To mark the occasion, Inclusive Minds and Letterbox Library have put our heads together and concocted a list of just a few of the many horrors we have come across surrounding diversity (or rather the lack of it) in children’s books.
So here they are in no particular order – some of
the most dreadful diversity-related crimes against children’s books over the
years, guaranteed to shock and scare this Halloween.
1. Lazy shorthand. It’s everywhere in books. For example, what’s with the weird ‘Africa’ language; since when did we call England ‘Europe’? Why do so many illustrations still look as if glasses have been added purely to make someone look ‘nerdy’ or intellectual? Does making a character ‘tubby’ or of unusually short stature really add humour? And don’t even get us started on the use of physical beauty or unattractiveness….
2. 2. Next on the list are all those passive princesses in pink dresses and sparkles, often doing little more than combing their hair while they wait around for handsome princes to rescue them. Come on, children’s books, let’s challenge those stereotypes!
3. 3. Another pet hate we share with many is the negative depiction of wheelchair users. Especially irritating is the habit of describing someone as being ‘confined to a wheelchair’ or ‘wheelchair-bound’. Someone tell the writers in question that wheelchair users do not live permanently in their chairs.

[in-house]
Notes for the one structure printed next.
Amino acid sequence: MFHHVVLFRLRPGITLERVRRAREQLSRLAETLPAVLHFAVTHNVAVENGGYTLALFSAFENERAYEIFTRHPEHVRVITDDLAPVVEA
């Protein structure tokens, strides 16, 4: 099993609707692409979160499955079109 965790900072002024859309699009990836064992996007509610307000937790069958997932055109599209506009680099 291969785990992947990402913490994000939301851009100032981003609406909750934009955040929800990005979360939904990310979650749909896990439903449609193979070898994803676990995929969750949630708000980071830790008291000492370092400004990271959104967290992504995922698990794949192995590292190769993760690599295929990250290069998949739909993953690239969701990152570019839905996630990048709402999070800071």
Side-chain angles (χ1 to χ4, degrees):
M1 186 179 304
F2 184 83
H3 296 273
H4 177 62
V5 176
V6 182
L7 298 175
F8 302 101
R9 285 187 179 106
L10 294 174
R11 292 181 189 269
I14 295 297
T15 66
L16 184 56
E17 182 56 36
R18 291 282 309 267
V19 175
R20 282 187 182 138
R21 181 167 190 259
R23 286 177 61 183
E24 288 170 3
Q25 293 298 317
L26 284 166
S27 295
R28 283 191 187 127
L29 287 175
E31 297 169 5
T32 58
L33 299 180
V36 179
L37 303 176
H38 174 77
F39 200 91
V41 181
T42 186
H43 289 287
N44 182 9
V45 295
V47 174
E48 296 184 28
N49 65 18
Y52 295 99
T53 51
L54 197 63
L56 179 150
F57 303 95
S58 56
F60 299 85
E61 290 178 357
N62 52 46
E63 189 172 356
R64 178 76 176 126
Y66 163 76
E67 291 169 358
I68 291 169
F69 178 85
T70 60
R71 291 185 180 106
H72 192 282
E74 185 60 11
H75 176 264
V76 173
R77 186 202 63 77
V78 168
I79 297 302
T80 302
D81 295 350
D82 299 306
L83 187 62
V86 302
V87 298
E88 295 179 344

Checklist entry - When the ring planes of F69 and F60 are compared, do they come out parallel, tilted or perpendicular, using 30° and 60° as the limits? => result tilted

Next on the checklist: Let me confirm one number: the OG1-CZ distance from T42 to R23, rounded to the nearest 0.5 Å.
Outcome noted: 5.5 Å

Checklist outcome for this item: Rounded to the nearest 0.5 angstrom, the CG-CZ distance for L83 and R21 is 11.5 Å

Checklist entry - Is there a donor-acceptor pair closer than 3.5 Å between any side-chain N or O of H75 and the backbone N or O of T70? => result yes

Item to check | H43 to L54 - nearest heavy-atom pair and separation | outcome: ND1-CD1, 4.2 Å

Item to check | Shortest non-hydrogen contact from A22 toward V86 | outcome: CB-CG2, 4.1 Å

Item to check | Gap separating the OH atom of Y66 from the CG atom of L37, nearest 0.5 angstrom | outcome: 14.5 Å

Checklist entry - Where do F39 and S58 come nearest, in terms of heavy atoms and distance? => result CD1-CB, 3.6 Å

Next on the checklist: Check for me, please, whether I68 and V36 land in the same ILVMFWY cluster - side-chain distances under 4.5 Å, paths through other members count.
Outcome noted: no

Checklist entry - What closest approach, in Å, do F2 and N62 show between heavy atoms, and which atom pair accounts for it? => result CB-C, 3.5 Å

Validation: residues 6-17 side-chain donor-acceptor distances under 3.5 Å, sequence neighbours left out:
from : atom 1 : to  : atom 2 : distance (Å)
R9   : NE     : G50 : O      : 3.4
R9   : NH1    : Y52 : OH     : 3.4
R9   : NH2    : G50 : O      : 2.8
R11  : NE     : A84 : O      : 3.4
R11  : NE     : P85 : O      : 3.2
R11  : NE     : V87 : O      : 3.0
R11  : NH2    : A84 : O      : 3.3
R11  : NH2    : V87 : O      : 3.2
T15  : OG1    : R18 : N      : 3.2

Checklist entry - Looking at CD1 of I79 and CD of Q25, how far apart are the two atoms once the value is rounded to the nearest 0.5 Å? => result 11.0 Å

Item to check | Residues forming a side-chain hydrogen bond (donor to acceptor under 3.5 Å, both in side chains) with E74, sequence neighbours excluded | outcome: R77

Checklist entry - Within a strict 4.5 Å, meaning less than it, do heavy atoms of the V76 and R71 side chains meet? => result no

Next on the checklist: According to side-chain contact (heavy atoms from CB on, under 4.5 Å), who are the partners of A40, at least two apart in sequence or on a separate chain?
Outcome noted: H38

4. 4. And don’t let’s forget the stereotyping of step-families and only children – we’d just love to see just a bit more countering of those incessant images of wicked stepmothers, mean step-siblings and introverted only children.
5. 5. Using ‘dusky skin’, ‘hideous’ scars and bionic limbs to make a villain look more villainous…. Surely there are better ways of depicting evil?
6. 6. Describing a male character as ‘crying like a girl', ‘squeaking like a girl’, ‘throwing like a girl’, ‘running like a girl’ etc –such phrases only succeed in insulting and alienating both sexes.
7. 7. The apparent need to add ‘female’ as a prefix for an occupation e.g. 'female police officer' 'female firefighter'. Why, oh why, oh why is it still seen as being necessary?
8. 8. Using mental health or disability terms to insult – ‘she’s mental!’, ‘don’t be a spaz!’ ‘he’s a total retard’, ‘what a psycho!’ etc. Cool teen-speak? We think not.
9. 9. Stereotypical storylines and characters for LGBT folk: murderous lesbians, promiscuous bi’s and mincing gay men experiencing unrequited love, suicides, loneliness and general decline. And that is if they even appear at all. How about LGBT folk having some actual fun?
10.10. Pointing out a BME character’s skin colour but then ‘forgetting’ to highlight when a character is white. Since when was white not a colour? Since when did people stop ‘seeing’ it? Oh…and then also confining BME people to the background for a bit of authentic local colour. How about a few more BME protagonists, people? The struggle ain’t over!
Okay, we’ve barely scratched the surface, but it’s all just a bit too scary….So send in your pet hates, if you dare.
Happy Halloween from Inclusive Minds and partners.
Tags: diversity; horror
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